Where Our Heroes
- Take on the Challenge of Palace and Harem
- For the sake of saving $2, climb a small mountain (and lose the $2 anyway)
- Find another little gem from the Culinary Backstreets resource
- Prove that while they may not be bargainers, they are shoppers
- Put let one more museum to the sword rather than just go back and rest
- And a last meal and people encounter to put an exclamation on their trip
Today we had three major elements of the 'Top 10' to knock off. First we headed off to the Topkapi Palace, the Ottoman Sultan's place in Istanbul. Then you paid extra to go to the Harem which is actually private living quarters of the Sultan, his family and his extended staff. I'm not going to go into too much detail about this. I suggest if you are interest to check it out on Wikipedia as there is tons written. To be honest, I wasn't all that impressed. I found the style of the design and architecture to remind me of the Louis the XIV of France (Versailles) and the like; a style I'm not all that fond of. It did not have the same emotional impact of the Alhambra in Grenada Spain. They say one should leave a whole day for these two museums but Wife and I pretty much were done in about 3 and half hours.
Our next item on the Top 10 List was the Grand Bazaar - a market that has been in operation for hundreds and hundreds of years. I could have used the balance of your Istanbulkart to go a couple of stops up the line but NOOOOOO I had to say to Wife, "It won't be such a long walk." Except for it being straight up a hill. Let's just say I've got bad karma to work off.
But first we needed get some lunch. We'd gotten a book from our food tour about their favorite places, large and small, around the city. One was this little (and I mean little) meatball (koffte) place just by one of the entrances. It's mostly take out for the workers in the Bazaar. We popped in and there were just two tables on the ground floor and a small spiral staircase going up. These guys had no English. But fortunately, I got something across using the translator app I have on my phone (first time it's actually worked the way it should!) Turns out we could have saved ourselves a lot of grief as they only serve on menu period. It's soup (a split pea or chick pea soup), grilled koffte and a salad. Doesn't sound all that exciting right? But the soup was good and warming, the koffte were hot off a charcoal grill, sizzling, the salad had really ripe tomatoes, lettuce, carrots. Wife and I had a soup each and split the salad and koffte. There was a big basked of bread that you could help yourself too along with various hot paste, dried hot peppers, oregano and salt condiments. With our drinks, it was $10 bucks and really hit the spot.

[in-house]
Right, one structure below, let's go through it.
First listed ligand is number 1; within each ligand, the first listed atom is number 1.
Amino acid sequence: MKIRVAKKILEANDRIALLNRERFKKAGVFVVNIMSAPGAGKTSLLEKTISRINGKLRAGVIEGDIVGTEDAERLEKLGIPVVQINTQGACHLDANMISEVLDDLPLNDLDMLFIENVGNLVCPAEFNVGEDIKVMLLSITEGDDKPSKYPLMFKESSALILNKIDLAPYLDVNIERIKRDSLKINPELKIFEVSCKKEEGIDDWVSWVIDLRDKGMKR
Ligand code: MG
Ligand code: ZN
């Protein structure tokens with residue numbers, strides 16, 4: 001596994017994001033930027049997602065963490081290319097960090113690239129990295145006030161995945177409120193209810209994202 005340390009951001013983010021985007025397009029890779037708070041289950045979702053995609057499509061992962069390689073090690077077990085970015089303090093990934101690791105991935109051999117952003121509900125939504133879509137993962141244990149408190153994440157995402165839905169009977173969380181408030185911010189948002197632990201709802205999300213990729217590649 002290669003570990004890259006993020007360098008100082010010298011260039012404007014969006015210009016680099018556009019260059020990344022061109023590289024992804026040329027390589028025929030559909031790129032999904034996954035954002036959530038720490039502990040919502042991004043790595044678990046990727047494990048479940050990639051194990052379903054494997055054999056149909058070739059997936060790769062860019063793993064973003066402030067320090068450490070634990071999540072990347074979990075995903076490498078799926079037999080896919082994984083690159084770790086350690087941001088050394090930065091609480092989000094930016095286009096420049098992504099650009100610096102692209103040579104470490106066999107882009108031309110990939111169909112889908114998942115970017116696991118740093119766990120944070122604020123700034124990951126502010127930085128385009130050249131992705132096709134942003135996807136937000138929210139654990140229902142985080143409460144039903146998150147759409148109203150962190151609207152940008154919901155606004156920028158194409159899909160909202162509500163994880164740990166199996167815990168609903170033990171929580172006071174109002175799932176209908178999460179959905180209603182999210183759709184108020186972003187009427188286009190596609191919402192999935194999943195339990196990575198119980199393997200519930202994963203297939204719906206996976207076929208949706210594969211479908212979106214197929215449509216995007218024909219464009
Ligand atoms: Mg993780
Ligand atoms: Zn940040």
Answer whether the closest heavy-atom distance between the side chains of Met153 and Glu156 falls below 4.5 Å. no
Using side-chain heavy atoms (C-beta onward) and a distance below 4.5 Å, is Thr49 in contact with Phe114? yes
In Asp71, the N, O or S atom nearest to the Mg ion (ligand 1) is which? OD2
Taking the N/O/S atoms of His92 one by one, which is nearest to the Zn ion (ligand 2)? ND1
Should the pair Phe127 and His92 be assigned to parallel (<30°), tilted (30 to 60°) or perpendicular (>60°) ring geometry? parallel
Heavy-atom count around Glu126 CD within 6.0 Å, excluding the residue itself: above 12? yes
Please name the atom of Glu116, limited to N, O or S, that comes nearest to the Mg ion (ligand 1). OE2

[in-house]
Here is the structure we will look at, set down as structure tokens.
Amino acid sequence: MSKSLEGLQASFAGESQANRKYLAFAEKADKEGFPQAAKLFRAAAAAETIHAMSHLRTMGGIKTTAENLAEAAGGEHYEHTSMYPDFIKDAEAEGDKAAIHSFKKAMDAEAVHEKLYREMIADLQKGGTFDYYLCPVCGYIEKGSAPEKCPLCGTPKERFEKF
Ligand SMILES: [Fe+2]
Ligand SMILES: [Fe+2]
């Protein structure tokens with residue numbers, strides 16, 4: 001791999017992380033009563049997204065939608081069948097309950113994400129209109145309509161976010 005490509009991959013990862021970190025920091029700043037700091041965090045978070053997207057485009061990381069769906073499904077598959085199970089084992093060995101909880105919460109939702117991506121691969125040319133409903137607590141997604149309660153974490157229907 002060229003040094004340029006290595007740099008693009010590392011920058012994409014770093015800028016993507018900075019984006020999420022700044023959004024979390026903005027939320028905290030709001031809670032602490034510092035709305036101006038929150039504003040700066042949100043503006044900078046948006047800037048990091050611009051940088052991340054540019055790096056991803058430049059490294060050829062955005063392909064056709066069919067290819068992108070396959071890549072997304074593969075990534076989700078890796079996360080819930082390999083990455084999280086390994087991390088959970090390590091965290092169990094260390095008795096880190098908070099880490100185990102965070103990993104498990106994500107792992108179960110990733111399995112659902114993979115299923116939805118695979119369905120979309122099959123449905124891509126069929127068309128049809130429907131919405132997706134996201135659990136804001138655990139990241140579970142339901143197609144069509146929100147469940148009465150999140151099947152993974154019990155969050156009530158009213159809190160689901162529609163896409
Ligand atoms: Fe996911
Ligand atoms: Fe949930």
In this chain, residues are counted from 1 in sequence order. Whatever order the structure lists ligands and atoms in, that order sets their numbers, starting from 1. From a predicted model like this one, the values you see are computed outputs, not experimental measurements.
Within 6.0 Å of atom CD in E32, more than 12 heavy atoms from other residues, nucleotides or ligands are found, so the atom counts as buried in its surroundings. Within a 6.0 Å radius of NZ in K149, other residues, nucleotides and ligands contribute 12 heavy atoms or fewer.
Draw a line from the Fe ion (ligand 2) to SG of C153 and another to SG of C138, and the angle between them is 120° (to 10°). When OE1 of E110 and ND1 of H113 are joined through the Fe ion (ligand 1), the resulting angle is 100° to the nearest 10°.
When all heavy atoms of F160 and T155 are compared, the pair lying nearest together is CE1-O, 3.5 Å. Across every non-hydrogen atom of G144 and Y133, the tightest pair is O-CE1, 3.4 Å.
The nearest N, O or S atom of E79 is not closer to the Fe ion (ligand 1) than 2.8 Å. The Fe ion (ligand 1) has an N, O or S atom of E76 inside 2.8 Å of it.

Now it was off to the Grand Bazaar. You get caught in your preconceived notions. Somehow we thought this was going to be a market like the one in Siem Reap, Cambodia but no this is more like some super gigantic shopping mall. I was on a mission. Wear scarves all the time during the cooler months and the ones I bought in Cambodia are much the worse for wear. I've learned that spending a lot of money on scarves makes no sense since they don't hold up any better than cheaper ones. I was looking for something in between really expensive and super cheap. As we went into the Bazaar, I started to run into places. The prices started to drop by the time we got further in. They dropped 50% and then to like next to nothing. I've had the next to nothing ones and decided that was a little too low quality for me and ended up with a middle of the road version that was still maybe 1/3rd of what I've paid in Spain or the Netherlands. I bought a number of them.
By now we are really, really beat. We headed back to the hotel. BUT we still have a museum we haven't done that's paid for on our Museum Pass. And it's right on the way to the hotel. So we did it (I've put my guide book away and can't remember the name - something like the Museum of Islamic History and Art). Now we're totally wiped out. We get to the hotel and collapse; both taking naps. We pack. We rest some more. We head out to dinner and the hotel recommends a place close by. Turns out it's run by a Kurdish family. We talk for a long time to a son who lives now in Stockholm. He interpreted for his mother who was also there. We get a number of Kurdish specialties of which the soup and salad (sort of a chopped salad with roasted eggplant and other stuff I couldn't figure out) were the best. There was a guy from Aleppo Syria who was playing guitar...Spanish guitar of all things. It was a fitting end to our stay in Istanbul that has expanded our connecting with so many from so many different places.